Giving children this type of food freedom means they will eat more, right? At least one study shows this is not the case. One group of children were restricted from sweets, the other from fruit and the third was told they could eat as much of it as they wanted. When the food was made freely available, the unrestricted kids consumed the least. Not only that, they reported less desire for sweets compared to the other two (restricted) groups.
Andrea, mom of a sweets-focused preschooler, decided to give it a try. “We have noticed big changes even in just one month,” she says, adding that her daughter’s interest in candy decreased after about 10 days without restriction. “The control over her food (specifically sugar) had become quite a stress in our lives and changing our ways was also a challenge.”
Megan, who adopted Satter’s Division of Responsibility when her child was one, found that allowing her child to decide when she was done with meals put the kibosh on her growing food fixation. But when she tried to bring sweets in the home on a regular basis when her children got older, the whining became unbearable.
“We can have dessert once every week or two without incident, but more than that doesn’t seem to work,” she says. “I wish it were different but I really do believe a lot of this is their natural tendency to crave sweets more than other kids might.”
Another popular strategy is to have kids choose one treat food each day. Jane, mom of 3 girls found this worked well for 2 of her girls, who would often forget about the treat. But her youngest child reacted to this strategy by sneaking food. “I see now that to my 5-year-old, she probably feels that it is being restrictive and maybe not enough to even satisfy her.”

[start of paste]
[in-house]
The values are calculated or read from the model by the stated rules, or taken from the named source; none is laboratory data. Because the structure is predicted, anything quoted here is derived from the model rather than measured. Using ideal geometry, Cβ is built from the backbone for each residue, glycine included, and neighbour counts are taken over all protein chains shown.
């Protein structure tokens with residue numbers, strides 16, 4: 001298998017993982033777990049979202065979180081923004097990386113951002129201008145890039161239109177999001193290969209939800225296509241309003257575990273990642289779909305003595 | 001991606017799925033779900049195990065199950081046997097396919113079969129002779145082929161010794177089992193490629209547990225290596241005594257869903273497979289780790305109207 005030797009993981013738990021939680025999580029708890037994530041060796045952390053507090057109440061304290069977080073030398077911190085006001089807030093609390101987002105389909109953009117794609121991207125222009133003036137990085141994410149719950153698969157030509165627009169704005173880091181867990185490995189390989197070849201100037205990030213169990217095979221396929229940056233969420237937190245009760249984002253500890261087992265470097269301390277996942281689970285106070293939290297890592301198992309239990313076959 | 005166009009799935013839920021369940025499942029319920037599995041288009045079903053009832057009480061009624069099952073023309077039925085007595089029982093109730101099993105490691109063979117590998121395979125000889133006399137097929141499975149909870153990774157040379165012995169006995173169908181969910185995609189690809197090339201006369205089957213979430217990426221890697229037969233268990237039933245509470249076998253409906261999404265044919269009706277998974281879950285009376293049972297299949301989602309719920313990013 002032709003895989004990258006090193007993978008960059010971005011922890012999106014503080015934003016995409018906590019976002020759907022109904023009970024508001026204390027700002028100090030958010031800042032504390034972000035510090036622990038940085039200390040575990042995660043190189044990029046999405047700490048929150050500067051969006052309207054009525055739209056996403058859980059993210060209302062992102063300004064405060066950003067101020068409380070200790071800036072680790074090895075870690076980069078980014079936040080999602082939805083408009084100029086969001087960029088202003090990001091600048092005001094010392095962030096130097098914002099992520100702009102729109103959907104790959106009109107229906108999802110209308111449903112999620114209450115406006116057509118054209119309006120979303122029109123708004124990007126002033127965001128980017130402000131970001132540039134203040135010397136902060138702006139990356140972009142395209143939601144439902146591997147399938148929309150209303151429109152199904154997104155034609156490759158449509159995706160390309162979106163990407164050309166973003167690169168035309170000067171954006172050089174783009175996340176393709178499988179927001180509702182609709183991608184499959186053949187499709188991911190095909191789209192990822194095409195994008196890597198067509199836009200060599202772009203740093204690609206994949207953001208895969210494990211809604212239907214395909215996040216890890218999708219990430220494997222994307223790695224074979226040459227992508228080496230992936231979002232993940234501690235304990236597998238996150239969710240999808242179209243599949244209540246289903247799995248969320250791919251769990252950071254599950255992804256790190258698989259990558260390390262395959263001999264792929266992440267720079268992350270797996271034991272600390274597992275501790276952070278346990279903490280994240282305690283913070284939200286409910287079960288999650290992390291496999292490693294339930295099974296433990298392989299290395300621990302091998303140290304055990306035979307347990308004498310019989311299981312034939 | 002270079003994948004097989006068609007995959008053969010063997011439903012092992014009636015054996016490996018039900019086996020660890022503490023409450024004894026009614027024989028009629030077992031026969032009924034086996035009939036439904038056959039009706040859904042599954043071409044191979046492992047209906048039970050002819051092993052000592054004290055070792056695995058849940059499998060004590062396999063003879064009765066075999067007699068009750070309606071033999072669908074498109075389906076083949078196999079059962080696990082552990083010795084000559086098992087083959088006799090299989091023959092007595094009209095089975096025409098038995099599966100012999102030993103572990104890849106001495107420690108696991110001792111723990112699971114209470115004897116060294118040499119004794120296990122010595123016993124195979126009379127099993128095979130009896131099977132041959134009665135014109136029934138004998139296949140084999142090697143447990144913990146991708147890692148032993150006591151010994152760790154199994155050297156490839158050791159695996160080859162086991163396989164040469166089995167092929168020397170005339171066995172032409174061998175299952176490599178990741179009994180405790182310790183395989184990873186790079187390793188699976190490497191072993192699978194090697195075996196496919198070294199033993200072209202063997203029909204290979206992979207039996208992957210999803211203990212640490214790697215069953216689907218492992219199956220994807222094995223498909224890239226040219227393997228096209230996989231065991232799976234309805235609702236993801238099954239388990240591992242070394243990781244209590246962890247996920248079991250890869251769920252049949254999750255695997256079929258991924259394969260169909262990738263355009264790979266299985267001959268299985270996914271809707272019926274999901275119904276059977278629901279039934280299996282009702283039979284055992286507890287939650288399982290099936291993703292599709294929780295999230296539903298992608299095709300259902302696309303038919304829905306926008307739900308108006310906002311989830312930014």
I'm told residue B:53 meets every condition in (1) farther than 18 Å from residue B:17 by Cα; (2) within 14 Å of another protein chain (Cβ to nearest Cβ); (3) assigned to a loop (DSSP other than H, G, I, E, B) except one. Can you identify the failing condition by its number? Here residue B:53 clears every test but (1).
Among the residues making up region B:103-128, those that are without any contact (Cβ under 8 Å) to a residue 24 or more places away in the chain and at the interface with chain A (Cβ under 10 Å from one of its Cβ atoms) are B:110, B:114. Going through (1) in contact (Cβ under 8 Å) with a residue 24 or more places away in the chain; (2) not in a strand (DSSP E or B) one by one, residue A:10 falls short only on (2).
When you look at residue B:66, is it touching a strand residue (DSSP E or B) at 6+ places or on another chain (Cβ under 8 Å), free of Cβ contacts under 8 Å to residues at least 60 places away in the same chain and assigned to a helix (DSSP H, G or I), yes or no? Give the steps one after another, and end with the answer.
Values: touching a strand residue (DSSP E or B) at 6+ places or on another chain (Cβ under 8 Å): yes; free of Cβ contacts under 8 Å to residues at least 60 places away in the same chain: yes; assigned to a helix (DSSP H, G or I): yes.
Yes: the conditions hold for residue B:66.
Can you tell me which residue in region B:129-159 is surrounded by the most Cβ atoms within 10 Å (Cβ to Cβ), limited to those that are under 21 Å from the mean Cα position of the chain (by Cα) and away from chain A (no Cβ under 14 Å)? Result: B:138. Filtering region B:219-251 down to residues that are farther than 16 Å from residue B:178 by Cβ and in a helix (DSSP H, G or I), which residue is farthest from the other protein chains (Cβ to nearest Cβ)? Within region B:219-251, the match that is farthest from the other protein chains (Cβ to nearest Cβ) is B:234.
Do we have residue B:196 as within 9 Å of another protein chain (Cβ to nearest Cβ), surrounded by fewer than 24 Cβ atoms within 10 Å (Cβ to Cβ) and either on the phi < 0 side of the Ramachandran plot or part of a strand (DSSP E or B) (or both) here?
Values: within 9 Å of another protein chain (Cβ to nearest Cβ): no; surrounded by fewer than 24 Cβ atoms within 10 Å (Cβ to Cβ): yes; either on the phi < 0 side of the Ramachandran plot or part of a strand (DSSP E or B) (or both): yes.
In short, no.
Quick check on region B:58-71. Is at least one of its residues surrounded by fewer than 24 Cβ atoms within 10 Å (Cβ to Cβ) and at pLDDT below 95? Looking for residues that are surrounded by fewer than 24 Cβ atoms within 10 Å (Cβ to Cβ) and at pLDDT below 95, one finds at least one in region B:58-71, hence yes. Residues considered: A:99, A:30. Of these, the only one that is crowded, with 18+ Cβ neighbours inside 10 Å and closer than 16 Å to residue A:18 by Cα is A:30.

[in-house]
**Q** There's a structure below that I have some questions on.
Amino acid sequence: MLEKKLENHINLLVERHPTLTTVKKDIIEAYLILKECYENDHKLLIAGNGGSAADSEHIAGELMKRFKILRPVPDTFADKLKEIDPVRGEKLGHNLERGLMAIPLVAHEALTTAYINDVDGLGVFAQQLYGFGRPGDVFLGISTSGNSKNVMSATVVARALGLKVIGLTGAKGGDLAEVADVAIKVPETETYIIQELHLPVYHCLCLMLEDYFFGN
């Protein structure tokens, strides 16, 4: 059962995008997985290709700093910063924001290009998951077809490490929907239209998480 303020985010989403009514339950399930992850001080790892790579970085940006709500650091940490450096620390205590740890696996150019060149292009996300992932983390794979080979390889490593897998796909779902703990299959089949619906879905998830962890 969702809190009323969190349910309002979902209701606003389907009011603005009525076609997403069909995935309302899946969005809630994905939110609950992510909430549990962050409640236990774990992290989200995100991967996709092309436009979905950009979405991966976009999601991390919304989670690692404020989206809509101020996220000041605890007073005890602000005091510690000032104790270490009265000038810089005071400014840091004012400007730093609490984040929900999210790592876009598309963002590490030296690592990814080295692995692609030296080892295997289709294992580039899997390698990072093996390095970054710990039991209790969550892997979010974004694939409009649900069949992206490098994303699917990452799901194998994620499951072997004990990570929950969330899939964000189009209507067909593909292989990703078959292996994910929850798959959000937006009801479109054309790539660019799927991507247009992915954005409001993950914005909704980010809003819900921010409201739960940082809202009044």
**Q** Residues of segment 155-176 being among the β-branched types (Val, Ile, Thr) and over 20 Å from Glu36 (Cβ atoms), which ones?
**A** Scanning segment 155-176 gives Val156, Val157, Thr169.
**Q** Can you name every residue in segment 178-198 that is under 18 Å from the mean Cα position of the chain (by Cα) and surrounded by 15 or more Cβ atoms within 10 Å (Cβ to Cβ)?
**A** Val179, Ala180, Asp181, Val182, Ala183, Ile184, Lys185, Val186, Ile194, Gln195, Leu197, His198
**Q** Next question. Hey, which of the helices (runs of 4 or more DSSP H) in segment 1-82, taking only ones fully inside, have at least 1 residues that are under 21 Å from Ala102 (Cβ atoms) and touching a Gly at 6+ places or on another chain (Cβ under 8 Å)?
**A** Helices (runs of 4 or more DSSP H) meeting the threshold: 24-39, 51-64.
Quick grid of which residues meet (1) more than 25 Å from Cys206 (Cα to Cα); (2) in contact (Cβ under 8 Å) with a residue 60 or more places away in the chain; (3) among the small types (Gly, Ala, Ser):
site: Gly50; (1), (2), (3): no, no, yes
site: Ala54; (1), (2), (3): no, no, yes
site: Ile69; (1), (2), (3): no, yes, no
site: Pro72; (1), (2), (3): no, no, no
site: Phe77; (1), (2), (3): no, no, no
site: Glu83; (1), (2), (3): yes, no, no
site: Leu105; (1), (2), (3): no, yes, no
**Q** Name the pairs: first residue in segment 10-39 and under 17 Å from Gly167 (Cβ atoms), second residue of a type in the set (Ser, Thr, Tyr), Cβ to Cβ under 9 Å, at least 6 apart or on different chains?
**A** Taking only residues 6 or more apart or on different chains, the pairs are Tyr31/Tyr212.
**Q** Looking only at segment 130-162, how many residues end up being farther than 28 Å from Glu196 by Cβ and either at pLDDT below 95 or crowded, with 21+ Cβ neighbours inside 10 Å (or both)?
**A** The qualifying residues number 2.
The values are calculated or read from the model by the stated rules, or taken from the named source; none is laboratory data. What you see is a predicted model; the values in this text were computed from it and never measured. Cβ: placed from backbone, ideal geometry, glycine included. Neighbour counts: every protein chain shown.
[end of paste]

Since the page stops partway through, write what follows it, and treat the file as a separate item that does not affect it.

Looking at it from the child’s view
Jane was able to see food through the eyes of her child, which can be difficult for parents who don’t view what they are doing as restrictive.
Jill Castle, pediatric nutrition expert, recommends parents talk to children with some questions like: “It seems like you might be hungry after meals, want to talk about it?” or “are there foods you really love that we aren’t having?”
“Make it clear that it’s your responsibility to make sure everyone in the family is happy,” she says. “Of course, if your child expresses that she wants chocolate all day long then you have an opportunity to discuss how your family eats and your food philosophy.”
Another key factor is children learn to see food the same way their parents do, which may not always be healthy. Research shows that parents who eat for emotional reasons, feel out of control with eating (called disinhibition) and worry about weight (their own and their child’s), not only are more likely to utilize controlling feeding practices but tend to have children with similar issues.
And lastly, a child’s increased desire to eat may mean there’s something else that is bothering them or, in more rare cases, a medical condition like Prader Willi. In Fearless Feeding, we help parents troubleshoot potential causes.
Deal with the Underlying Issue
A 2013 study in Childhood Obesity showed that nearly 60% of parents of overweight children approve of controlling feeding practices, like restriction. But restriction only distracts from what’s really going on and makes food an issue.
Rather than restrict a child’s intake, parents need to ask why their child is acting out when it comes to food. It could be a child’s perception of restriction, a lack of structure and limit setting or to avoid difficult emotions. Dealing with the underlying issue will be met with the most success.
Now it’s your turn. What are your experiences with restriction?
For more research-based strategies for teaching kids moderation, check out my book: How to Raise a Mindful Eater: 8 Powerful Principles for Transforming Your Child’s Relationship with Food.